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Conservation

Conservation Status

Least Concern
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Wikipedia

Papilio memnon

The Great Mormon (Papilio memnon) is a large butterfly that belongs to the swallowtail family and is found in southern Asia. It is widely distributed and has thirteen subspecies. The female is polymorphic and with mimetic forms.

Range[edit]

North-eastern India (including Sikkim, Assam and Nagaland), Nepal, Bangladesh, Bhutan(?), Myanmar, Nicobar Islands, Andaman Islands (stragglers only), western, southern and eastern China (including Hainan), Taiwan and southern Japan, Ryukyu Islands, Thailand, Laos, Vietnam, Kampuchea, Malaysia, and Indonesia (Sumatra, Mentawai Islands, Nias, Batu, Simeulue, Bangka, Java, Kalimantan, and the Lesser Sunda Islands).

Status[edit]

Common and not threatened. The cultivation of Citrus plants all over Southern Asia has ensured this.

Description & polymorphy[edit]

The butterfly is large with 120 to 150 mm span. It has four male and many female forms, the females being highly polymorphic and many of them being mimics of unpalatable butterflies. This species has been studied extensively for understanding the genetic basis for polymorphy and Batesian mimicry. As many as twenty-six female forms are reported.[1][2][3]

Typical form agenor[edit]

Great Mormon, female
P. m. agenor, male
  • Male. Tailless, above deep blue to black. It may or may not have red streak on the forewing at the base of the cell.
  • Female. Tailless. Upperside forewing ground colour sepia, streaked with greyish white. The basal third part of the cell is red and is touched outwardly with white. Upper hindwing is blue-black. It has 5 to 7 yellow or white discal patches.

Female form butlerianus[edit]

  • Tailless. Resembles the typical male. Both Wings are dark sepia. The forewing has a white area on the inner margin. The hindwing is scaled with blue.

Female form alcanor[edit]

  • Tailed. The sides of the abdomen are yellow.
  • Upperside forewing greyish brown with veins and streaks between them black. The cell is red at the base. There is a velvety black patch at the bases of veins 1 and 2 of the upperside forewing.
  • Upperside hindwing is black with part of the cell white. There are white streaks around it. The tornus is red with a large black spot. There is a row of red terminal spots between the vein.

Male & female form polymnestoroides[edit]

  • Tailless.
  • Male. Upperside hindwing and forewing have short blue discal stripes.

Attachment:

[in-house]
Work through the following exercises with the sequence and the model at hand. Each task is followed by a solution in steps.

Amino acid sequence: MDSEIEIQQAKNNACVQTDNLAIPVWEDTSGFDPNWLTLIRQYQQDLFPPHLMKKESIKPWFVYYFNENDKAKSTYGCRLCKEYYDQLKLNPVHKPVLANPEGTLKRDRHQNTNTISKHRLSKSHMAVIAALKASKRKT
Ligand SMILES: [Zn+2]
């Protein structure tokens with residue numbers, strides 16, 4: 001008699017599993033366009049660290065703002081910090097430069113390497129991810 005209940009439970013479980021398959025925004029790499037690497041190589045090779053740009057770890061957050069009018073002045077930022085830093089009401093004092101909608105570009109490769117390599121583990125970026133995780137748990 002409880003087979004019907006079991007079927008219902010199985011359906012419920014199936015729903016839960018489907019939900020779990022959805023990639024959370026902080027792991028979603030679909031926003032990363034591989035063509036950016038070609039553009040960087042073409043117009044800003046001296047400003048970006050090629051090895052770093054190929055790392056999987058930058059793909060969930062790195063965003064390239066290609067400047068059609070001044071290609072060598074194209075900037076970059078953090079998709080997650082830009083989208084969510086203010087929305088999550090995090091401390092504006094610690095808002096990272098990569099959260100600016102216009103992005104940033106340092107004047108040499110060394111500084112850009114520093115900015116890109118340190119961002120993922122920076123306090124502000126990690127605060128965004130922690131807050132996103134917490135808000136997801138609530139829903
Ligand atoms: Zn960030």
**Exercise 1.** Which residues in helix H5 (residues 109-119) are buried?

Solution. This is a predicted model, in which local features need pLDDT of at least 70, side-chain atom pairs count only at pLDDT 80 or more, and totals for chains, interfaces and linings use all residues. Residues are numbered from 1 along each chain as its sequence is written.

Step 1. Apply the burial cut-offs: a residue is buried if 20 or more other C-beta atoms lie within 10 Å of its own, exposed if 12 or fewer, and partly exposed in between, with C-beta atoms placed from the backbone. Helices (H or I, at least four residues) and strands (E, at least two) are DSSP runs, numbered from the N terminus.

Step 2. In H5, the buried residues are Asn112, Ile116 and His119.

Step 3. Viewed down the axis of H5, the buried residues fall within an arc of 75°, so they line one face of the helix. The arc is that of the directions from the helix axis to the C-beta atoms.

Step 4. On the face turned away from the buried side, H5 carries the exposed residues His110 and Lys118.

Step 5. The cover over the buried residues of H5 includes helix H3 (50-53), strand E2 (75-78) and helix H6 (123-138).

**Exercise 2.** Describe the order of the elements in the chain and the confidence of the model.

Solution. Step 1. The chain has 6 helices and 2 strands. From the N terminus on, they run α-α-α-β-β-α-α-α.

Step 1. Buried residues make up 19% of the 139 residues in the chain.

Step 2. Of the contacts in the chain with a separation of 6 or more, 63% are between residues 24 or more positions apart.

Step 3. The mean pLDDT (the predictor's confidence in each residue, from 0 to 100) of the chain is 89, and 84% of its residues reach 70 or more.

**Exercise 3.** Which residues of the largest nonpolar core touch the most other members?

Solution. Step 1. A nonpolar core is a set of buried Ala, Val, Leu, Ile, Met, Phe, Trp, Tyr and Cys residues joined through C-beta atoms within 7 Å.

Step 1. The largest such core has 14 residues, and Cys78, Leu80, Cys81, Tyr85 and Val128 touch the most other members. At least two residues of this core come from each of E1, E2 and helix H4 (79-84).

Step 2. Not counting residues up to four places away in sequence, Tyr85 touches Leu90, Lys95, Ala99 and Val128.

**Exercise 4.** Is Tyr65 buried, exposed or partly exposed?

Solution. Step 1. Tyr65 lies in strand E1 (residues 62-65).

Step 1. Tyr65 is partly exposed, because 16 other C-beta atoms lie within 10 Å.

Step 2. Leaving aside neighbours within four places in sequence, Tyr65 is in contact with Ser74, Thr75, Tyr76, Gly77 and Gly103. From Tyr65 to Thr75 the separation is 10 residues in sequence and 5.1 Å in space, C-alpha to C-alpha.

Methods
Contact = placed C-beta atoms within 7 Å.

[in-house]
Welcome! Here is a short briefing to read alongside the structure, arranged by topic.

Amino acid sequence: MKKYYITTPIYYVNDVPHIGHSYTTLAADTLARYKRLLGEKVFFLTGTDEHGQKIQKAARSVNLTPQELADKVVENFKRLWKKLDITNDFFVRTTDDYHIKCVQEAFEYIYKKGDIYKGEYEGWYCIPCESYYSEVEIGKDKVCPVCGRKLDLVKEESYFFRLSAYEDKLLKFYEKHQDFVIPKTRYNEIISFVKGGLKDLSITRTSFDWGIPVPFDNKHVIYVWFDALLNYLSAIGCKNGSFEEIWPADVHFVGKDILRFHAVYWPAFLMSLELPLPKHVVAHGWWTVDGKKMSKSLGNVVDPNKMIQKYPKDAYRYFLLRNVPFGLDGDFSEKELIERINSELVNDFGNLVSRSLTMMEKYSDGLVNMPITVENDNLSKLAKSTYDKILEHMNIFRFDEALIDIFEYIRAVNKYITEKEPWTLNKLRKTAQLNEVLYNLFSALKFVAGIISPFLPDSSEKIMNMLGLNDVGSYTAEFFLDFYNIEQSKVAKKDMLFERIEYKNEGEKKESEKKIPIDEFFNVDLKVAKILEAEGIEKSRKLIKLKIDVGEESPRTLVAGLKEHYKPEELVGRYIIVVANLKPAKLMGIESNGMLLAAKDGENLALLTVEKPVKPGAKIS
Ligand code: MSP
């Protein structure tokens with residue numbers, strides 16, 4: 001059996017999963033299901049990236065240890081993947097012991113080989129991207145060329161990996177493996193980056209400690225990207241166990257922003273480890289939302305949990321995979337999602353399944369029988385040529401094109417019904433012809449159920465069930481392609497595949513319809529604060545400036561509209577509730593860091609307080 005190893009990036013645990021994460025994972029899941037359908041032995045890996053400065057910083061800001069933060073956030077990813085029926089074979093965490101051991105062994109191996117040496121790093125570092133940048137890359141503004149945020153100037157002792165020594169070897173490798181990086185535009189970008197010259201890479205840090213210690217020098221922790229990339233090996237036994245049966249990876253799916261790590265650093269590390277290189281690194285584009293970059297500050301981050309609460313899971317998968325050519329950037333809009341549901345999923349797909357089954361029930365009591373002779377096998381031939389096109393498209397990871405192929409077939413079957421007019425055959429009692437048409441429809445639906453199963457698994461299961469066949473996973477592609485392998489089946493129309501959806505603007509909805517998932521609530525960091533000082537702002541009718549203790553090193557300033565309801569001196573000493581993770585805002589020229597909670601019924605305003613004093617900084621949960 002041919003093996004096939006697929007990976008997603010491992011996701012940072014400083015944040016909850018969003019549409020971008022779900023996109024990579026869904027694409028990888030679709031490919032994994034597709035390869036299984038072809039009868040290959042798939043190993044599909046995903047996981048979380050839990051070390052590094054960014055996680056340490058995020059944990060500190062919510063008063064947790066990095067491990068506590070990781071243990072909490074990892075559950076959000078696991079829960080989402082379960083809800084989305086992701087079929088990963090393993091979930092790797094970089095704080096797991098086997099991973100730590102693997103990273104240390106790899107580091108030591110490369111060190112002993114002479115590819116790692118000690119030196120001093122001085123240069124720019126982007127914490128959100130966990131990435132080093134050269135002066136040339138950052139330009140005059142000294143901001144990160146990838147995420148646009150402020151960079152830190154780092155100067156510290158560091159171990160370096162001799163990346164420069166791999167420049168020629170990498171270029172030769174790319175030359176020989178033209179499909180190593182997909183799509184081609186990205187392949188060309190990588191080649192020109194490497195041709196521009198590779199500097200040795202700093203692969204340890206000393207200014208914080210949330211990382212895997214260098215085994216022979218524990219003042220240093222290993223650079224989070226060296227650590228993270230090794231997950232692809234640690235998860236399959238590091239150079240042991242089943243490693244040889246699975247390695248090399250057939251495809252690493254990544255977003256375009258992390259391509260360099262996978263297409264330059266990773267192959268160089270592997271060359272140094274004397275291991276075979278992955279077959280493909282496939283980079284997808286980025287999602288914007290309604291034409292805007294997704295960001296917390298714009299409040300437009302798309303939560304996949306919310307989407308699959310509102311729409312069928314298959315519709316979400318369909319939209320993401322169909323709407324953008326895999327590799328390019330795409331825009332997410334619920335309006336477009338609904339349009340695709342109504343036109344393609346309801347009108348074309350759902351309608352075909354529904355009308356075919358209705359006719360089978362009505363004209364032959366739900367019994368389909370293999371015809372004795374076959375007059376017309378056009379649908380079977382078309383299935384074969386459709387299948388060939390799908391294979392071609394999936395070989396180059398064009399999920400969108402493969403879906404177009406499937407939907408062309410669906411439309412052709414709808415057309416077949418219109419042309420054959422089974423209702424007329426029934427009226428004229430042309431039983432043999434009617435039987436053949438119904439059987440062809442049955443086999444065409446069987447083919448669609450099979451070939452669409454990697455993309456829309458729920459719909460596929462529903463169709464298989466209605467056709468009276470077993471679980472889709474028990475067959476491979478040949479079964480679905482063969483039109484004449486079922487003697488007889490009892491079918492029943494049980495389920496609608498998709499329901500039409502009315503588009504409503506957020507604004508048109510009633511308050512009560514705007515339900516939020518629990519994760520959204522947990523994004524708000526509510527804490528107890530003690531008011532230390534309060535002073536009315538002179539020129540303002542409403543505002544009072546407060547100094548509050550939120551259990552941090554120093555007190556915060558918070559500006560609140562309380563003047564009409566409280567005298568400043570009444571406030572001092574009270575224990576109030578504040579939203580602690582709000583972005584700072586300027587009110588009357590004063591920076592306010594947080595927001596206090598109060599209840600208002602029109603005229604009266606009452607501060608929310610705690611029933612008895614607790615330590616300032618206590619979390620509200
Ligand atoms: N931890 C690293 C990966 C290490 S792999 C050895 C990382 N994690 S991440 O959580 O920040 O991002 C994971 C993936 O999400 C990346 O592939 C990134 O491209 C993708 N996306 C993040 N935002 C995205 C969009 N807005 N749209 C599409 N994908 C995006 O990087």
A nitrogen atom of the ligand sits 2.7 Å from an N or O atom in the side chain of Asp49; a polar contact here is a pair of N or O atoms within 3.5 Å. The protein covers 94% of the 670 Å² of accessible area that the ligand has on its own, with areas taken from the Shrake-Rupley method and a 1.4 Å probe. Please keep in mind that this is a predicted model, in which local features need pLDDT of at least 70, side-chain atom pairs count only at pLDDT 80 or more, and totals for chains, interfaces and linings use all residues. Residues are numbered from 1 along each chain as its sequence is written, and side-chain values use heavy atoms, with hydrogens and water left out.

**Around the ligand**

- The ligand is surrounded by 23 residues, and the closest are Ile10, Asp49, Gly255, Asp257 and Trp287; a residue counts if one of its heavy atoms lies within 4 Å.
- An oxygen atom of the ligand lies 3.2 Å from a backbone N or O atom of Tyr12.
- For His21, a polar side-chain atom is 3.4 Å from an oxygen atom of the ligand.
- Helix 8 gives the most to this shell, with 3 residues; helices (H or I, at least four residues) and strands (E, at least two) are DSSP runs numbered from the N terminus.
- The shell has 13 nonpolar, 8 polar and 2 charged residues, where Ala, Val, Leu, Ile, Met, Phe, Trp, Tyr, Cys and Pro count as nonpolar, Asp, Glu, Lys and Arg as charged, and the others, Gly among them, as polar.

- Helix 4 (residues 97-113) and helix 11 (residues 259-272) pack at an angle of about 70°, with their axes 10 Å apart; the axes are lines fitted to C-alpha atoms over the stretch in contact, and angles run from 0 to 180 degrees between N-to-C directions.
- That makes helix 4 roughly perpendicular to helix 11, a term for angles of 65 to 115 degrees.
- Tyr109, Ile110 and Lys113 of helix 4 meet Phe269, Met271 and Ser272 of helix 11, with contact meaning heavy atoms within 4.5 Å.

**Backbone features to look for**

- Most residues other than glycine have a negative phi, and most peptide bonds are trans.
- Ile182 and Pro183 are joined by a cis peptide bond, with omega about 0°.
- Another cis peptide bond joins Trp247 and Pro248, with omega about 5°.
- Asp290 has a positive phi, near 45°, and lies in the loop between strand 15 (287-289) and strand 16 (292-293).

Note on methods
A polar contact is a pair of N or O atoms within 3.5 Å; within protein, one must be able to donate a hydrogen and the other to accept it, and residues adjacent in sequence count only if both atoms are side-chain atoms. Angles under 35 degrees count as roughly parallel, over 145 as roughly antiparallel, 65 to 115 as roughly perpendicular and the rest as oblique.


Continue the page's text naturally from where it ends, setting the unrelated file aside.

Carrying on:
• Female. The upperside forewing is sepia with pale grey streaks amongst the veins. The base of the cell is red. The upperside hindwing is velvety brown with a blue discal area and has black spots, as in the case of the Blue Mormon (P. polymnestor), which it mimics.

Habitat[edit]

Flies up to 2,100 m (6,900 ft) in the Himalayas, but is most common at low elevations.

Behaviour[edit]

Underside

This butterfly is found in forest clearings. It is very common and is also seen amongst human habitation. It is fond of visiting flowers of Poinsettia, Jasminum, Lantana, Canna, and Salvia. It usually flies 2 to 4 metres above the ground. The butterfly is known to mud-puddle. The males are much commoner than females. The female forms butlerianus and alcanor are especially uncommon.

Mating pair seen at Angkor Butterfly Center

Life cycle[edit]

The larva resembles that of the Common Mormon, being green with whitish markings. It is heavily parasitised.

Foodplants[edit]

See also[edit]

References[edit]

  1. ^ C. A. Clarke, P. M. Sheppard & I. W. B. Thornton (1968). "The genetics of the mimetic butterfly Papilio memnon L.". Philosophical Transactions of the Royal Society B: Biological Sciences 254 (791): 37–89. Bibcode:1968RSPTB.254...37C. doi:10.1098/rstb.1968.0013. JSTOR 2416804. 
  2. ^ C. A. Clarke & P. M. Sheppard (1971). "Further studies on the genetics of the mimetic butterfly Papilio memnon L.". Philosophical Transactions of the Royal Society B: Biological Sciences 263 (847): 35–70. Bibcode:1971RSPTB.263...35C. doi:10.1098/rstb.1971.0109. JSTOR 2417186. 
  3. ^ C. A. Clarke & P. M. Sheppard (1973). "The genetics of four new forms of the mimetic butterfly Papilio memnon L.". Proceedings of the Royal Society B: Biological Sciences 184 (1074): 1–14. Bibcode:1973RSPSB.184....1C. doi:10.1098/rspb.1973.0027. JSTOR 76137. 
  • Collins, N. M. & Morris, M. G. (1985) Threatened Swallowtail Butterflies of the World. IUCN. ISBN 2-88032-603-6
  • Evans, W. H. (1932) The Identification of Indian Butterflies. (2nd ed), Bombay Natural History Society, Mumbai, India
  • Haribal, Meena (1994) Butterflies of Sikkim Himalaya and their Natural History.
  • Wynter-Blyth, M. A. (1957) Butterflies of the Indian Region, Bombay Natural History Society, Mumbai, India.